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See also: ?

Ancient Greek

Alternative forms

Etymology

From earlier (wánax), ? (wánakos). Cognate with Mycenaean Greek (wa-na-ka) as well as Phrygian (ouanaktan /wanaktan/), Old Phrygian [script needed] (vanaktei), which may be an early loan from Greek[1] or from a common third source.

The further origin is unknown, but likely a borrowing from a Pre-Greek substrate language.[1] Various alternative Indo-European etymologies have been proposed, including:

Pronunciation

 

Noun

? o (ánaxm (genitive ?); third declension

  1. lord, king
    1. (of men)
      • 800 BCE - 600 BCE, Homer, Iliad 1.442-443:
        ? , ?' ? ?
        ô Khrús?, pró m' épempsen ánax andrôn Agamémn?n
        paîdá te soì agémen
        Chryses, Agamemnon, king of men, sent me forth
        to bring to you your daughter.
    2. (of gods, often Apollo and Zeus)
      • 800 BCE - 600 BCE, Homer, Iliad 3.351:
        ? '
        ? ?, ?
        Zeû ána dòs tsasthai hó me próteros kák' éorge
        dîon Aléxandron, kaì emêis hupò khersì dámasson
        O Lord Zeus, grant me to punish the man who first has done me wrong,
        noble Alexander, and beat him down under my hands
      • 800 BCE - 600 BCE, Homer, Homeric Hymn to Apollo 14-15:
        , ' ? , ? ,
        ?' ? ?,
        khaîre, mákair' ô L?toî, epeì tékes aglaà tékna,
        ?póll?ná t' ánakta kaì Ártemin ?okhéairan,
        Rejoice, blessed Leto, since you have borne glorious children --
        the lord Apollo and Artemis strewer of arrows,
      • 458 BCE, Aeschylus, Agamemnon 513:
        ?' ? ? ,
        ? ?.
        nûn d' aûte s?t?r ísthi kaì pai?nios,
        ánax Ápollon.
        But, in other mood, be our preserver and our healer,
        O lord Apollo.
  2. master, owner
    • 800 BCE - 600 BCE, Homer, Odyssey 1.397-398:
      ? ? ?'
      , ? .
      autàr eg?n oíkoio ánax ésom' h?metéroio
      kaì dmn, hoús moi l?íssato dîos Odusseús.
      [Telemachus:] But I shall be lord of our own house
      and of the slaves that godlike Odysseus won for me."

Usage notes

  • Often used to refer to Apollo. The vocative (ána) is only used in the phrases ? (ô ána, "O king") or (ôna), and (Zeû ána, "O Zeus"), and always as an address to gods.

Inflection

Synonyms

  • (lord, master, king): (ánassa, "queen") (feminine), (basileús), (despót?s), (koíranos), ? (krios), (medé?n), (méd?n), (prútanis), (túrannos)

Derived terms

  • (anaktorí?)
  • (Anaktoría)
  • (anaktórios)
  • ? (anáktoron)
  • (Anaktoteléstai)
  • (anákt?r)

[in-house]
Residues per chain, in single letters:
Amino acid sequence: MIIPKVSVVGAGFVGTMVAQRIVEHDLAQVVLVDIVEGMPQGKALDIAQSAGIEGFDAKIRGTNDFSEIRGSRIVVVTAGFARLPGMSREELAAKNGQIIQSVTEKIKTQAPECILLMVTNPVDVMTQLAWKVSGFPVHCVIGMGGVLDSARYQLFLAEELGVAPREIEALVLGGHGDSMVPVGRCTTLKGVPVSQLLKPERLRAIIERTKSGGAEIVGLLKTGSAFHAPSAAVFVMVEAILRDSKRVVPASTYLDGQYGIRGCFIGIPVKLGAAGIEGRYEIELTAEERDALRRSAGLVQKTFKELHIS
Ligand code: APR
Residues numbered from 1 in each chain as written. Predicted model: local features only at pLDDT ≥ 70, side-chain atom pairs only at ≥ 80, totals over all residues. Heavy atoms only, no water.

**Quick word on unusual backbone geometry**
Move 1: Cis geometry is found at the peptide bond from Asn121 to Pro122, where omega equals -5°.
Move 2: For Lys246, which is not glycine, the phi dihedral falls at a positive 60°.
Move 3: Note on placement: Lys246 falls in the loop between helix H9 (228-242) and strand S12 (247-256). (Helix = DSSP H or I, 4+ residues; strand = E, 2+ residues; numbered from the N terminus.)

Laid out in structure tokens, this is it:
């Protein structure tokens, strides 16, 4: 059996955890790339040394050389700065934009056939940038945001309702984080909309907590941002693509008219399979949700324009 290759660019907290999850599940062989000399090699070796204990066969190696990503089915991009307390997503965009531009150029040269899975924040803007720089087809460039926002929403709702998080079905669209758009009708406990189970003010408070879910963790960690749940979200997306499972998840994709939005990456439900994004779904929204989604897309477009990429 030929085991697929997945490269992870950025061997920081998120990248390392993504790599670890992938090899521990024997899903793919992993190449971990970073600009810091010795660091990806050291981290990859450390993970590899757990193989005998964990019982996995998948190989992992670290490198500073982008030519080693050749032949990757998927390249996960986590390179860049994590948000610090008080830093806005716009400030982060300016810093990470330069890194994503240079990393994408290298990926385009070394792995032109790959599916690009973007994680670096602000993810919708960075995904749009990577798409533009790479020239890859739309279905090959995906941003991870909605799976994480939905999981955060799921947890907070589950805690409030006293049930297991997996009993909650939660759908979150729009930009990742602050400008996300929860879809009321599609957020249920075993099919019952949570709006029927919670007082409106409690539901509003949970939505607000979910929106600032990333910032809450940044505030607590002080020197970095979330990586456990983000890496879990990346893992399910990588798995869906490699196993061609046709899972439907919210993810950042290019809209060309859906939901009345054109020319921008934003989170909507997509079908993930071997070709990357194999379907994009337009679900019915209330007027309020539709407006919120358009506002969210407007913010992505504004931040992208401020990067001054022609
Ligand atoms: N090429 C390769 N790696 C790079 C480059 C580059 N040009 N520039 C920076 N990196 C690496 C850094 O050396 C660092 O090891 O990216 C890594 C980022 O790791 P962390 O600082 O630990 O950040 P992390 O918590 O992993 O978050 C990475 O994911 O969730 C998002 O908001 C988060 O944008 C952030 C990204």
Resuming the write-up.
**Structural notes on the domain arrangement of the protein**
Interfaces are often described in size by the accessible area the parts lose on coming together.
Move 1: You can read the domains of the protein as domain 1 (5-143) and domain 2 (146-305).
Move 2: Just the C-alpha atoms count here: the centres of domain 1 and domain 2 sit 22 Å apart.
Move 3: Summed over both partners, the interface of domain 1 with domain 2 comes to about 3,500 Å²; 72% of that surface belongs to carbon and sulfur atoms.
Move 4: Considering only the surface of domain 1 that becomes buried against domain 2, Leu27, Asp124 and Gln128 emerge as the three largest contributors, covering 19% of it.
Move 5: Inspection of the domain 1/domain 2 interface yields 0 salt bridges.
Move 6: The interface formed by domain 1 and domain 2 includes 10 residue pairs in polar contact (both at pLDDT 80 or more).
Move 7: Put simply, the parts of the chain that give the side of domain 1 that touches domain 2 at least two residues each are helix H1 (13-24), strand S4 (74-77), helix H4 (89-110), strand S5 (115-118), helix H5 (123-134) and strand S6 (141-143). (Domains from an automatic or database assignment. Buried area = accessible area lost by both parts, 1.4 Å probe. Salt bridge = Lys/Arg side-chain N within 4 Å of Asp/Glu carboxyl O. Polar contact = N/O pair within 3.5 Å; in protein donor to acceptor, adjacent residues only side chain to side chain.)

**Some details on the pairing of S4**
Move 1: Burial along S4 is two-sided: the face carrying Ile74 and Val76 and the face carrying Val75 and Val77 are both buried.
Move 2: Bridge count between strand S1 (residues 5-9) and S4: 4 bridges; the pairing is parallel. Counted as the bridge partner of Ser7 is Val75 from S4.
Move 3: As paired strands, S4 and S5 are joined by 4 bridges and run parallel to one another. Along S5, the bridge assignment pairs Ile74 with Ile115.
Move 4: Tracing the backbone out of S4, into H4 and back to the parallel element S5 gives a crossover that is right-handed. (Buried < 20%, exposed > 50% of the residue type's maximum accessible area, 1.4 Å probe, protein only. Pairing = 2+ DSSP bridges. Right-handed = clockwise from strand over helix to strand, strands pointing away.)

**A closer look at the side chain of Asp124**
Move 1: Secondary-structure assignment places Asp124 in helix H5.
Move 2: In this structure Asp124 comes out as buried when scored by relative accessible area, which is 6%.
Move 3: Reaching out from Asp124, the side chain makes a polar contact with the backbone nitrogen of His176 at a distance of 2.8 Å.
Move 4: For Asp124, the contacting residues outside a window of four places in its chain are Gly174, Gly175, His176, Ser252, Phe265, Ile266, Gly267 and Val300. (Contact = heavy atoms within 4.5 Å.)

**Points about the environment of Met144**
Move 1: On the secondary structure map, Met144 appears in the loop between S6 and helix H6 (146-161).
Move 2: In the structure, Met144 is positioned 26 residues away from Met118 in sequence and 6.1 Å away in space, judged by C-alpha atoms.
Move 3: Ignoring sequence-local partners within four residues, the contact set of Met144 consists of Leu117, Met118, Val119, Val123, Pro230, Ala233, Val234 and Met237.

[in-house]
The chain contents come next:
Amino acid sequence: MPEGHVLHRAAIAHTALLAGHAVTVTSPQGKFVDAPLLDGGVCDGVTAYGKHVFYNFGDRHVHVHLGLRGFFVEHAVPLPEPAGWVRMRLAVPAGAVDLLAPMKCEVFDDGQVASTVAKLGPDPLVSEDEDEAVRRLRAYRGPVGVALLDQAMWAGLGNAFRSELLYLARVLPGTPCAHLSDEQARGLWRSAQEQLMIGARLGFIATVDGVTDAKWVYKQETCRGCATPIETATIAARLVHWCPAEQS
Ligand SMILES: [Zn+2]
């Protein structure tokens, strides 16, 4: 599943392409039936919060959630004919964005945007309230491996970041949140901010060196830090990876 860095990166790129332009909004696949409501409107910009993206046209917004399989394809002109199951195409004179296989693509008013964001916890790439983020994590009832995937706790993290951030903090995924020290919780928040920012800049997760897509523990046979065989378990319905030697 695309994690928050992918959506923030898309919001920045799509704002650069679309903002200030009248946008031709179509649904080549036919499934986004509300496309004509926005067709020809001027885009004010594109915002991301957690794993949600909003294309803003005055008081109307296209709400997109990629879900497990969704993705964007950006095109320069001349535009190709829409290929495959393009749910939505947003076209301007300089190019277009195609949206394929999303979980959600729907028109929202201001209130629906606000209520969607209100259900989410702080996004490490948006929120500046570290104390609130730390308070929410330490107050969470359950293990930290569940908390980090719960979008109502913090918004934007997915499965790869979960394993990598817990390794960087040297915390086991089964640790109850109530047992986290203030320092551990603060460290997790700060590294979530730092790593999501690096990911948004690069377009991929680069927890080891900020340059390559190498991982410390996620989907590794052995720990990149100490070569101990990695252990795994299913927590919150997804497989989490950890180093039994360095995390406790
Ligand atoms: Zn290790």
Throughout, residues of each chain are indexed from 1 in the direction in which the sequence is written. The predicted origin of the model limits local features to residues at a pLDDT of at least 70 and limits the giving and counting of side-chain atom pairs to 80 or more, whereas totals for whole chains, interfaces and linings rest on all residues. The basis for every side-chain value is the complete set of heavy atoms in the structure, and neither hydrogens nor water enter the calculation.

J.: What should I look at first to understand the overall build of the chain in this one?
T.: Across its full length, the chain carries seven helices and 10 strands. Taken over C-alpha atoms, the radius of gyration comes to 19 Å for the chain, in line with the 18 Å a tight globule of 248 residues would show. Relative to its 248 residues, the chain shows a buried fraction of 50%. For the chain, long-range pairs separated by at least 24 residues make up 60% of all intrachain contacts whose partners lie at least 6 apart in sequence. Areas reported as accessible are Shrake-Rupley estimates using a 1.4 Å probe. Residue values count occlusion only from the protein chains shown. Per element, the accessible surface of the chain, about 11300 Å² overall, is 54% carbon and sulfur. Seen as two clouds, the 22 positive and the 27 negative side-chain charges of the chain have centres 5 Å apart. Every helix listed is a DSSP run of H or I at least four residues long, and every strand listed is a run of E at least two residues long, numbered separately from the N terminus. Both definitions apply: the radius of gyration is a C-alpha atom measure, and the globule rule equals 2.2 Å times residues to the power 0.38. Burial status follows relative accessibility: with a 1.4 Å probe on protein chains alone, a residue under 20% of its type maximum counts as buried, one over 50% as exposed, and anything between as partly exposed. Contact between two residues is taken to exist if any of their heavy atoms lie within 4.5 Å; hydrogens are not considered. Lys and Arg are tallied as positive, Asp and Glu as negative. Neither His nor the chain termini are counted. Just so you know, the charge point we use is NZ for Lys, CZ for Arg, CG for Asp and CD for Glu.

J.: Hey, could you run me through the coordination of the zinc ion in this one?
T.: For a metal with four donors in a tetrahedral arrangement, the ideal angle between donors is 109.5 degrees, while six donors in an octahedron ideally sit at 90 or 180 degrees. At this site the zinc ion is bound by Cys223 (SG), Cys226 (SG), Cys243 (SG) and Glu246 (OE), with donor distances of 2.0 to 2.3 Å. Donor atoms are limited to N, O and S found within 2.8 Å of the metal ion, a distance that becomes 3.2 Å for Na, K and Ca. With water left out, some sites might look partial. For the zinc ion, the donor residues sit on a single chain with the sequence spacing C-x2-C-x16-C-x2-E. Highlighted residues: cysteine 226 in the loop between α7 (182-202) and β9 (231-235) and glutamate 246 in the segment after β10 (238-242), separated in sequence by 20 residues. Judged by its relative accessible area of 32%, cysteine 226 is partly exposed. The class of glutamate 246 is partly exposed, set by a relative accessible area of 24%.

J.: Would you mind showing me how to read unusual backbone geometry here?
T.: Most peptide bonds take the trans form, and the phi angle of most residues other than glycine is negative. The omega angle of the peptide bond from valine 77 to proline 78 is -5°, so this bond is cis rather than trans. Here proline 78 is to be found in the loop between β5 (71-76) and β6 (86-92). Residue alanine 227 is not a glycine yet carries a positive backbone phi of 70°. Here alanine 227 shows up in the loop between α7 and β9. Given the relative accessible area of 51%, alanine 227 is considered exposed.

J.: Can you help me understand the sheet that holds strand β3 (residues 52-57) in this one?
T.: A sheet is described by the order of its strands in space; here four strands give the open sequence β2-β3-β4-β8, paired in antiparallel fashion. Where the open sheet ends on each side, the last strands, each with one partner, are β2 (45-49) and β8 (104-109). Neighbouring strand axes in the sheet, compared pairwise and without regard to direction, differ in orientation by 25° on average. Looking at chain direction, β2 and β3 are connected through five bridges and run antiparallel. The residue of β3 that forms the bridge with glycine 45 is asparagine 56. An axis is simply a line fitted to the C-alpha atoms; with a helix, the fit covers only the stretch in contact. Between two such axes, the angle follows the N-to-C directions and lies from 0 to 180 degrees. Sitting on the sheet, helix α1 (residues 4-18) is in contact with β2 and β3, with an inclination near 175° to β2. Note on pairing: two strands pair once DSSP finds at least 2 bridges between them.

• (Anaxagór?s)
  • (Anaxándra)
  • ? (Anáxandros)
  • ? (Anaxarét?)
  • ? (Anáxarkhos)
  • (anaxí?)
  • ? (anaxíalos)
  • (Anaxíbia)
  • ? (Anaxíbios)
  • ? (anaxibréntas)
  • ? (anaxid?r?)
  • ? (Anaxikrát?s)
  • (Anaxímandros)
  • (Anaximén?s)
  • (anaxímolpos)
  • (Anáxippos)
  • ? (anaxiphórminx)
  • ? (anáss?)
  • (Astuánax)
  • ? (Astuánassa)
  • (eudiánax)
  • ? (Euruánassa)
  • ? (hippiánax)
  • ? (Hippônax)
  • ? (oikônax)
  • (p?siánax)
  • (Pleistoánax)
  • (purip?gánax)
  • ? (T?mônax)
  • (kheirônax)

Related terms

  • (ánassa, "queen")

References

  1. ? 1.0 1.1 Beekes, Robert S. P. (2010), "?, -", in Etymological Dictionary of Greek (Leiden Indo-European Etymological Dictionary Series; 10), with the assistance of Lucien van Beek, Leiden, Boston: Brill, ->ISBN, pages 98-99
  2. ^ Mallory, J. P.; Adams, D. Q. (2006) The Oxford Introduction to Proto-Indo-European and the Proto-Indo-European World (Oxford Linguistics), New York: Oxford University Press, ->ISBN, page 268
  3. ^ Wodtko, Dagmar S.; Irslinger, Britta; Schneider, Carolin (2008), "*h?e?-", in Nomina im indogermanischen Lexikon [Nouns in the Indo-European Lexicon] (in German), Heidelberg: Universitätsverlag Winter, pages 267, 270
  • ? in Liddell & Scott (1940) A Greek-English Lexicon, Oxford: Clarendon Press
  • ? in Liddell & Scott (1889) An Intermediate Greek-English Lexicon, New York: Harper & Brothers
  • ? in Autenrieth, Georg (1891) A Homeric Dictionary for Schools and Colleges, New York: Harper and Brothers
  • ? in Bailly, Anatole (1935) Le Grand Bailly: Dictionnaire grec-français, Paris: Hachette
  • ? in Cunliffe, Richard J. (1924) A Lexicon of the Homeric Dialect: Expanded Edition, Norman: University of Oklahoma Press, published 1963
  • ? in the Diccionario Griego-Español en línea (2006-2021)
  • ? in Slater, William J. (1969) Lexicon to Pindar, Berlin: Walter de Gruyter
  • Woodhouse, S. C. (1910) English-Greek Dictionary: A Vocabulary of the Attic Language[1], London: Routledge & Kegan Paul Limited.

Further reading


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